Vienna calling

After several years in Budapest establishing the new Department, Caglar interrupted her CEU years and moved on to Göttingen where she took the post as Research group director at Max Planck Institute for the Study of Multiethnic and multireligious Societies. "Despite the excellent working conditions at the MPI, our family dynamics – living in a small city not very suitable for international commuting, which has always been essential for us as my husband always commuted to where we moved to – made it very difficult for us to stay there. Therefore I was glad when I had the chance to become professor at the University of Vienna in 2011. So instead of returning to CEU we all moved to Vienna."

WWTF-project Cityscalers

"At the University of Vienna I had the chance to pursue the research I had started in Budapest, and Göttingen on urban restructuring and migrants." These themes are also part of her big research project "Cityscalers", which focuses on the interplay between urban renewal, incorporation of migrants and cultural diversity. It ran until the end of 2014 and allowed Ayse Caglar and her international team to analyze the relationship between migrants and the remaking, re-imagining and competitive repositioning of cities in the context of neo-liberal globalization. The research was conducted in Vienna, Berlin, Budapest, Linz, Essen, Pecs, and Marseille. "Again I learned a lot during this research in the sense that it moved my thinking of the topic towards empirical and analytical areas which I had not anticipated when I started the project. It pushed me to think about the basic categories of migration scholarship like mobility, the category of the migrant more critically and radically ", says Caglar, "Maybe we need to replace them with other concepts, like displacement."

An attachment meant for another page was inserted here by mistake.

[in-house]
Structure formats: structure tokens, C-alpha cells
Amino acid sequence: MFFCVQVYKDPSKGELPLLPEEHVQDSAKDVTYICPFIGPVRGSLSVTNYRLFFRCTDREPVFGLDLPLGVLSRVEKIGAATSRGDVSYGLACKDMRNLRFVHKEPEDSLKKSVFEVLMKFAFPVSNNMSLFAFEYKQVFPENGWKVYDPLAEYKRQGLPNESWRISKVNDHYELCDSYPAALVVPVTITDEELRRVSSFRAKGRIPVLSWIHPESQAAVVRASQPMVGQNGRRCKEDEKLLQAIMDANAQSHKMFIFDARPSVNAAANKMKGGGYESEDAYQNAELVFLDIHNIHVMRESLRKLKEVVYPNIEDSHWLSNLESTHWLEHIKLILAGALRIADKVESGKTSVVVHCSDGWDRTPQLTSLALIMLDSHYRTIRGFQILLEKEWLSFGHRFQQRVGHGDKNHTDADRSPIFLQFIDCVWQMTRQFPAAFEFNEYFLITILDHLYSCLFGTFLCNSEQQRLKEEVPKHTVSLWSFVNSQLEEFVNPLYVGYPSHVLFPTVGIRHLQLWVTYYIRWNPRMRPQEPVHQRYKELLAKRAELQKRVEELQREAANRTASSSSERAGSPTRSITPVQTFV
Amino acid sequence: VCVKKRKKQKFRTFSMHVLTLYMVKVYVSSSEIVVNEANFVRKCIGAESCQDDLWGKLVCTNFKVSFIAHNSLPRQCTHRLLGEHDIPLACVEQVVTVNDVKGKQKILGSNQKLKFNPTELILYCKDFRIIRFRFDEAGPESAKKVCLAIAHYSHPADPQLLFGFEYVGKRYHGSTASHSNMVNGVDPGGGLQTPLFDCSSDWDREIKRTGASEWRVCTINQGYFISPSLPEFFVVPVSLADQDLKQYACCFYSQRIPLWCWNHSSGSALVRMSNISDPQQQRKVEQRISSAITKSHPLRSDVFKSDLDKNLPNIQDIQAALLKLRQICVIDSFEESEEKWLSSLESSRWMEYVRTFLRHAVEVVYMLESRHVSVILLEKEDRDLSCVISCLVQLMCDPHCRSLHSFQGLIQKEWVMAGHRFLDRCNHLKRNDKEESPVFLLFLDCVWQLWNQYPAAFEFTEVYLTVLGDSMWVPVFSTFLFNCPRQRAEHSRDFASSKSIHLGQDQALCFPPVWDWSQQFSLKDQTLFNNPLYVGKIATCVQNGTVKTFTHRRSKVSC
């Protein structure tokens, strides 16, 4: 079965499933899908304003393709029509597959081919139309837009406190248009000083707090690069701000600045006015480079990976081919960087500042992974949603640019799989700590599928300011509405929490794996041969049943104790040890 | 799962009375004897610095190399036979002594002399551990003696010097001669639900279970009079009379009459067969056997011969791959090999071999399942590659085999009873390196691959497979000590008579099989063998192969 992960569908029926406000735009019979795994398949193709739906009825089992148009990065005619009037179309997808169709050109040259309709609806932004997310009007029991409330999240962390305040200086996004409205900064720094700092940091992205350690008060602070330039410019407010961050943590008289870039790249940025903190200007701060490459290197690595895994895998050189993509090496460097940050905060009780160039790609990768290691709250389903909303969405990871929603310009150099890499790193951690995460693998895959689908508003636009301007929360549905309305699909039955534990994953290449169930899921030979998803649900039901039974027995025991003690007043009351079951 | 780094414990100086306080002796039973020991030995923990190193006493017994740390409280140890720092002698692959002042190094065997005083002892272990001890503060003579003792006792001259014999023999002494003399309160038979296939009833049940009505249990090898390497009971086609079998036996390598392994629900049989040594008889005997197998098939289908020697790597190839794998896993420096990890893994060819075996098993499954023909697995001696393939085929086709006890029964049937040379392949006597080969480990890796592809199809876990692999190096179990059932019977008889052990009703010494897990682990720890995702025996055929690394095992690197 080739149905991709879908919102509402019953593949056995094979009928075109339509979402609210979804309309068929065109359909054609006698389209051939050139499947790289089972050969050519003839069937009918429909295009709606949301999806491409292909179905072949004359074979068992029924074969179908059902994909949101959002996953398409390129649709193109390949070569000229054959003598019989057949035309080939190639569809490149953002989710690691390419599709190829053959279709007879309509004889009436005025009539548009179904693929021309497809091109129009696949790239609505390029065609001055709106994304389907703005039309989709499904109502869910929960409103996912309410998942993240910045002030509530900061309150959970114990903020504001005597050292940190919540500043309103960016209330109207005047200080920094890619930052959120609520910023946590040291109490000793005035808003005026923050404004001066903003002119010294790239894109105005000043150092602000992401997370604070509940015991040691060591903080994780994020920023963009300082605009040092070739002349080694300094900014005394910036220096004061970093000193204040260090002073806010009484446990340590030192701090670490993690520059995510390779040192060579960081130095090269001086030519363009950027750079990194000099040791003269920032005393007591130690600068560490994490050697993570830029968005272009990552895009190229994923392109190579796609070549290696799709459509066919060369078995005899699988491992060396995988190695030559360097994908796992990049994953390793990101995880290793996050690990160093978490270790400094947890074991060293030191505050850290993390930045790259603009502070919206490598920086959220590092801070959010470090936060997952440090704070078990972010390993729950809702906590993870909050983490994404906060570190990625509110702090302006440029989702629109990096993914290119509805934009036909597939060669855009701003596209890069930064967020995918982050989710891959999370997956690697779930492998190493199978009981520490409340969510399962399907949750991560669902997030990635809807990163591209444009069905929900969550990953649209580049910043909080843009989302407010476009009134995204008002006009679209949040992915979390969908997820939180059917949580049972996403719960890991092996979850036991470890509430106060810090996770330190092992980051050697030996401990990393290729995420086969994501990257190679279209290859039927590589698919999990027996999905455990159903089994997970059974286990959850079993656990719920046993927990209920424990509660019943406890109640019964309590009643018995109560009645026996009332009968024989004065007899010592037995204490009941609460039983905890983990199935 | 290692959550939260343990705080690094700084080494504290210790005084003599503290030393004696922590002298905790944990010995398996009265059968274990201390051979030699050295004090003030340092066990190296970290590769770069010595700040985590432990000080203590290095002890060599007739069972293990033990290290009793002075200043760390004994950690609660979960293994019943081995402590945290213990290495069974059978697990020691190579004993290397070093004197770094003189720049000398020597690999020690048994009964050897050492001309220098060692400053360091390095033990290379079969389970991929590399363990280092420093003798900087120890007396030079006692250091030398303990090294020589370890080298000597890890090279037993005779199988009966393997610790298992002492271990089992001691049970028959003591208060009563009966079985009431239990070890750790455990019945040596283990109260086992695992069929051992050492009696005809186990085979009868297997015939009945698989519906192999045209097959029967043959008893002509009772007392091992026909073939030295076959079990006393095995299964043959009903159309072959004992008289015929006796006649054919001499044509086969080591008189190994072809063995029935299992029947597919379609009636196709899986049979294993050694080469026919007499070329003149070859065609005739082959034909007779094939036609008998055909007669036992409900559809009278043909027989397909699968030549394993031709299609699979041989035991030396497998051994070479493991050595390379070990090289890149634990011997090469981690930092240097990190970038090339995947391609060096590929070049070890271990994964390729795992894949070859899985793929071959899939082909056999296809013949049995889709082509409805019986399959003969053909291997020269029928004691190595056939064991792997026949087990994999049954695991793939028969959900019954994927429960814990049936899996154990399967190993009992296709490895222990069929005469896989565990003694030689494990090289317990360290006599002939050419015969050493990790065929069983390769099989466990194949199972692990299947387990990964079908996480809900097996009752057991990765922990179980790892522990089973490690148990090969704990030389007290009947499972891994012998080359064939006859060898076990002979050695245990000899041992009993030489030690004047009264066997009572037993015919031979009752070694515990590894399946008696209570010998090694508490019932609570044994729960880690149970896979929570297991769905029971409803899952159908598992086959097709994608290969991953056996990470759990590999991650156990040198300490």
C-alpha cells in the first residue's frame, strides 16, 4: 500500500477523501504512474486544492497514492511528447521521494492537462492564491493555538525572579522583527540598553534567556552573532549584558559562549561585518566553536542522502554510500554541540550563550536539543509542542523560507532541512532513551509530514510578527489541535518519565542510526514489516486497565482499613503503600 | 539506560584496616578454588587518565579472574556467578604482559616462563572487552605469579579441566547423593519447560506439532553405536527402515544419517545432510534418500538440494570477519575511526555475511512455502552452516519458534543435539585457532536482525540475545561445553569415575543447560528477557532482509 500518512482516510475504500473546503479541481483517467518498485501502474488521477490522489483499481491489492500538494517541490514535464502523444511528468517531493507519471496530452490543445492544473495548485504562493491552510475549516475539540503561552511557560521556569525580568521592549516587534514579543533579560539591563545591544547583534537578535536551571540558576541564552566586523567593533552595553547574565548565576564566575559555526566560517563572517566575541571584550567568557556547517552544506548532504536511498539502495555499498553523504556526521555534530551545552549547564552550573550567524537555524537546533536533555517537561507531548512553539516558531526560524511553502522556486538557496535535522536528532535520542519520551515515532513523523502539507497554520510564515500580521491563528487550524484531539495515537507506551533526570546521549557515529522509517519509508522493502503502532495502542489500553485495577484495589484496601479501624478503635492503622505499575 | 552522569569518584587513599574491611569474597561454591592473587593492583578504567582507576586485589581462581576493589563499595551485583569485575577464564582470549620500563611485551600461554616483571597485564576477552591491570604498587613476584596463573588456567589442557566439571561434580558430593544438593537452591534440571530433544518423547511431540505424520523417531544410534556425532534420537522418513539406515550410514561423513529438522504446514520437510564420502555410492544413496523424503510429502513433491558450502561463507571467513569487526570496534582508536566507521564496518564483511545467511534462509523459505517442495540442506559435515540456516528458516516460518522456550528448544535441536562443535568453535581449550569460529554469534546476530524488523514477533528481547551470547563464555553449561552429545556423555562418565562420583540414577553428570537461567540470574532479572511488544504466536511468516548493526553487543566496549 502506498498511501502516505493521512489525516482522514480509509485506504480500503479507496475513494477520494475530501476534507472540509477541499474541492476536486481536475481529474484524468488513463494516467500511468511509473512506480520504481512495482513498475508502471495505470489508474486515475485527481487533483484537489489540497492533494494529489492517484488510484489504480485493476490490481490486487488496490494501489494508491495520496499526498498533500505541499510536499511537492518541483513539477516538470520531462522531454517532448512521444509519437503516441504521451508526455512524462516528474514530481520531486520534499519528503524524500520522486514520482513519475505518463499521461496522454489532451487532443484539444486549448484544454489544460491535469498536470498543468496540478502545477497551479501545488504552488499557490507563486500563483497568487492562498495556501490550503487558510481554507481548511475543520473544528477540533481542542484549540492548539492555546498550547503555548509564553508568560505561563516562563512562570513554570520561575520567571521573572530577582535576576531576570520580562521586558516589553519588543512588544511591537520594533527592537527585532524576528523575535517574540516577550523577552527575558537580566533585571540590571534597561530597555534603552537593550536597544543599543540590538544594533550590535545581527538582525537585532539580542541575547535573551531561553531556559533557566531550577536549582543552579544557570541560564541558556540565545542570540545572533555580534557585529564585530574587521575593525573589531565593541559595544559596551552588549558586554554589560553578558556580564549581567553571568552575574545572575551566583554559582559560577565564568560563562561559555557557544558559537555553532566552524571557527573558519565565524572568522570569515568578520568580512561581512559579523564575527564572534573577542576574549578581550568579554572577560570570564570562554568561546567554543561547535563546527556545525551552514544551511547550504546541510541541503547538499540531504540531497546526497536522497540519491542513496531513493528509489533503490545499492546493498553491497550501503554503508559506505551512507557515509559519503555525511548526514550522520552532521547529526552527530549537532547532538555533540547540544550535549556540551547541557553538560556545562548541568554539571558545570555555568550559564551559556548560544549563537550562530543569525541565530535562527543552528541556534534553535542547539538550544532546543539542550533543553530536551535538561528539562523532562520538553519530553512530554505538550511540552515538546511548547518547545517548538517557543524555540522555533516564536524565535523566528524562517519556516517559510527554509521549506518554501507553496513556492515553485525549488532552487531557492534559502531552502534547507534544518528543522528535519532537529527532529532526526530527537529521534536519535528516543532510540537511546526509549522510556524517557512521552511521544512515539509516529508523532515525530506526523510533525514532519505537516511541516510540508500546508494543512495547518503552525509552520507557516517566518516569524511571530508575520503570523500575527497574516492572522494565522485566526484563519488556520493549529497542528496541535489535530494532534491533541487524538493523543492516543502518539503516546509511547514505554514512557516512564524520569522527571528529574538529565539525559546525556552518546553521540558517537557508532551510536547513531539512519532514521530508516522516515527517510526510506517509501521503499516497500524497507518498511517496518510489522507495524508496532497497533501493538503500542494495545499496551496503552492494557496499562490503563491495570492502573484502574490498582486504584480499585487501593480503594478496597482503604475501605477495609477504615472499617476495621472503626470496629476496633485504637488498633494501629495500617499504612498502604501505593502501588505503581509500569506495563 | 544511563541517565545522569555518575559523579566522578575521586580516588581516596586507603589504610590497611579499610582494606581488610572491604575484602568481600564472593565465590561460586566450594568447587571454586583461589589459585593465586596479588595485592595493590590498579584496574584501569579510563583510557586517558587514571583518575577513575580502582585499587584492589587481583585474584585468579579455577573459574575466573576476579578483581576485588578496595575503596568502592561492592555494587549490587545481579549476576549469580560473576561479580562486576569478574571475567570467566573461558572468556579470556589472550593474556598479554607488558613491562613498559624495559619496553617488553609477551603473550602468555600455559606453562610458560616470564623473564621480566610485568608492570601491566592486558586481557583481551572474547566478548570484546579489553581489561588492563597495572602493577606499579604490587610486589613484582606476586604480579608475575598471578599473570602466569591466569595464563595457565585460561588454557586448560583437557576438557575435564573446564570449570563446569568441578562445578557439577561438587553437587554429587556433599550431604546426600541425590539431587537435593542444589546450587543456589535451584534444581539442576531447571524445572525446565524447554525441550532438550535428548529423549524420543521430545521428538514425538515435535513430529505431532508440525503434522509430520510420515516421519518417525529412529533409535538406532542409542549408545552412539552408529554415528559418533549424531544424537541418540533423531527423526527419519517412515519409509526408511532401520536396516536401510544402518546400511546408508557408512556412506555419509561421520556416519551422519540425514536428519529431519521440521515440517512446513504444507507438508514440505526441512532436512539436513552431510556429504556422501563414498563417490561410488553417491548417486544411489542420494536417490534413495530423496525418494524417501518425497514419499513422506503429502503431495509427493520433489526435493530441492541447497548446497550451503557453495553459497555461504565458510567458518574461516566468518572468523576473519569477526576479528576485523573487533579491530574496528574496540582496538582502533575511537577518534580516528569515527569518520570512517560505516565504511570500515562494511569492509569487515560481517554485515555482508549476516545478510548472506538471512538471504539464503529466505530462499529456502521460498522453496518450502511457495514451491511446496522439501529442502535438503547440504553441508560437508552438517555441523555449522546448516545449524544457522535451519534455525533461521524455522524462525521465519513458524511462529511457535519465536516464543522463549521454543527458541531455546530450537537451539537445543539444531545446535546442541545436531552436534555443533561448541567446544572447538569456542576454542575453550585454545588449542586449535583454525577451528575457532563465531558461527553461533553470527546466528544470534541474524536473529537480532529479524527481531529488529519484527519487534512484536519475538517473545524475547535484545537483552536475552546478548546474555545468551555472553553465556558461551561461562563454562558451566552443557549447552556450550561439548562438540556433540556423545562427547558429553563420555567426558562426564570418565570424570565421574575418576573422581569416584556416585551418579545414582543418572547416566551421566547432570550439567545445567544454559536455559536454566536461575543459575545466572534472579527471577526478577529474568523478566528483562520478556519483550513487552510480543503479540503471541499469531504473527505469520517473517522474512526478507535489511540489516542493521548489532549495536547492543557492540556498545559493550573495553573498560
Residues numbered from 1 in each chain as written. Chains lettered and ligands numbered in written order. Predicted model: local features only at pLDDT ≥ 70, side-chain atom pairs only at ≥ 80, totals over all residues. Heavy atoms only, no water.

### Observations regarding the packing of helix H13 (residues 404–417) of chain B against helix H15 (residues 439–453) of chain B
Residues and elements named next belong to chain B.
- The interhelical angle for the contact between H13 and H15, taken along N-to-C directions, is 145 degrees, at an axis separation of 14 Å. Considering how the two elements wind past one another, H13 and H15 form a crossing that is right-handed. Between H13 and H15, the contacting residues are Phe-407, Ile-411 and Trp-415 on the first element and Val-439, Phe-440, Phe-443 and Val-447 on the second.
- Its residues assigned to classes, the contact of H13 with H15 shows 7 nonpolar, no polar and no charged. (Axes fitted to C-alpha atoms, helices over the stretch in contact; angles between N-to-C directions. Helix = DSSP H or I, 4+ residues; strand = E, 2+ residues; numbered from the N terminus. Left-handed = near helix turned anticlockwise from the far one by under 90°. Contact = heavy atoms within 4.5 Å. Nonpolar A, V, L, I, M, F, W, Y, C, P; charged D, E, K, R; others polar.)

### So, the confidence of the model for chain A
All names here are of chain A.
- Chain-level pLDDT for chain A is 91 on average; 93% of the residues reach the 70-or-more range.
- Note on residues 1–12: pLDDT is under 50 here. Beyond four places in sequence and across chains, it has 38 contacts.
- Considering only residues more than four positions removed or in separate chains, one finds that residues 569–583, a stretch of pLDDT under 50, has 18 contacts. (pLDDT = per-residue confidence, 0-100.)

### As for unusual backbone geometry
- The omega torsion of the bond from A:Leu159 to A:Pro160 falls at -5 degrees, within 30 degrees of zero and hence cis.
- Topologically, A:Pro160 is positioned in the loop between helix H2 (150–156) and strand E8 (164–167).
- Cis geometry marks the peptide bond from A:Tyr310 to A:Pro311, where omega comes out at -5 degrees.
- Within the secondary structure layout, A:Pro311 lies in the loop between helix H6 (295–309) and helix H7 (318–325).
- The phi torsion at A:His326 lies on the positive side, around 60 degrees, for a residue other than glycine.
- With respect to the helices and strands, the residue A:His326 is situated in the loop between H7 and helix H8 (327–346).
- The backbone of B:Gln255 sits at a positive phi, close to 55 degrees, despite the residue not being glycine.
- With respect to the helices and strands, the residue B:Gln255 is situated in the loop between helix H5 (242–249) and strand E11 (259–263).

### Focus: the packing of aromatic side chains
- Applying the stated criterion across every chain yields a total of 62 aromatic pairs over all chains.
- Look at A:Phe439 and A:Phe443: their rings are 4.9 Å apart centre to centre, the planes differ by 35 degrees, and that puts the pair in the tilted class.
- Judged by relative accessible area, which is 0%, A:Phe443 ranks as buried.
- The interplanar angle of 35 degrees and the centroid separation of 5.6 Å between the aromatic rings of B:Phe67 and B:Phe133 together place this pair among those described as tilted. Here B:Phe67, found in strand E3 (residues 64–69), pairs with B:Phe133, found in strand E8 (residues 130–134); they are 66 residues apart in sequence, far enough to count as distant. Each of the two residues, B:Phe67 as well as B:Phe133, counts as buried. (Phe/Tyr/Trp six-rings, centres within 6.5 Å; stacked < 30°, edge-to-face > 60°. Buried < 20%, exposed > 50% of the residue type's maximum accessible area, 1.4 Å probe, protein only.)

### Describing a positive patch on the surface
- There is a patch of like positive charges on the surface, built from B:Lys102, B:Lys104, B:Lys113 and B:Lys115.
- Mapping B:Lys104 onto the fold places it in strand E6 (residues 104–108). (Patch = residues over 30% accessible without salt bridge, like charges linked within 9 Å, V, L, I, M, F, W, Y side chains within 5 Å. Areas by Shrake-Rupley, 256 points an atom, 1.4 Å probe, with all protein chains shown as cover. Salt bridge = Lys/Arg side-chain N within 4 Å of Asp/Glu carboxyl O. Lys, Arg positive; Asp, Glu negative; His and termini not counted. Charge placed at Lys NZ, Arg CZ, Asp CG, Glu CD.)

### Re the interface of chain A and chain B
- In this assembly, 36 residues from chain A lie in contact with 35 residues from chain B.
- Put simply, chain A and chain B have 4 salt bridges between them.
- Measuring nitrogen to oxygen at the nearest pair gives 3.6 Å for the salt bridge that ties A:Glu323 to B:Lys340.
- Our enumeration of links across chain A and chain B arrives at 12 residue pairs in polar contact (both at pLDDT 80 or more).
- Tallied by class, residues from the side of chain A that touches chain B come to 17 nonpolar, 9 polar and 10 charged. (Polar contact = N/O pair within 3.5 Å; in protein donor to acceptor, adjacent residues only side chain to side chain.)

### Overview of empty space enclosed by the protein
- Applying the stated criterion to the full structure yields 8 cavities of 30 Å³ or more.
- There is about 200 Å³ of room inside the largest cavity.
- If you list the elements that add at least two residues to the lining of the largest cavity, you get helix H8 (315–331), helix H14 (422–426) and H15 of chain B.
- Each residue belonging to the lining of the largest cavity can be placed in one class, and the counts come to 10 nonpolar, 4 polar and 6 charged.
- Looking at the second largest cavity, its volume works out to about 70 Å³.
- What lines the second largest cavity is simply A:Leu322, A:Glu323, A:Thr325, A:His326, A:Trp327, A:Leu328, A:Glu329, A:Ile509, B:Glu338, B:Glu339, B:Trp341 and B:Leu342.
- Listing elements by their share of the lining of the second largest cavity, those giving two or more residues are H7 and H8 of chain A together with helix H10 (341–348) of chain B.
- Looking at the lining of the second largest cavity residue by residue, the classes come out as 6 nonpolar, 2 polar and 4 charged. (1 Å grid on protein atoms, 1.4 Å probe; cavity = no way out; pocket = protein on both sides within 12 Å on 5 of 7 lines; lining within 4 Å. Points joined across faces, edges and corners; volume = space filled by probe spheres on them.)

The influence of movement

"Yes, of course", answers Ayse Caglar to the questions if her own movement and experience of living in various cities has influenced her academic work and research. "How could it not? It is very reflective when you have to explain to people around you – students, colleagues and academics with very different academic traditions – what you do and what your research interests are", she points out, "It is so important to not only talk to each other within the same canon. And I truly love questions from my students – especially from those who ask 'weird' questions beyond the canon and the jargon." (td)

Univ.-Prof. Ayse Caglar, since February 2011 Professor of Social and Cultural Anthropology, Department of Social and Cultural Anthropology, University of Vienna, holds her inaugural lecture "Migrants and cities: The spatial & temporal frameworks of migration scholarship & the challenges of Anthropology" on Monday, 26 January 2015, 18.00, in the Small Ceremonial Chamber (Kleiner Festsaal), University of Vienna.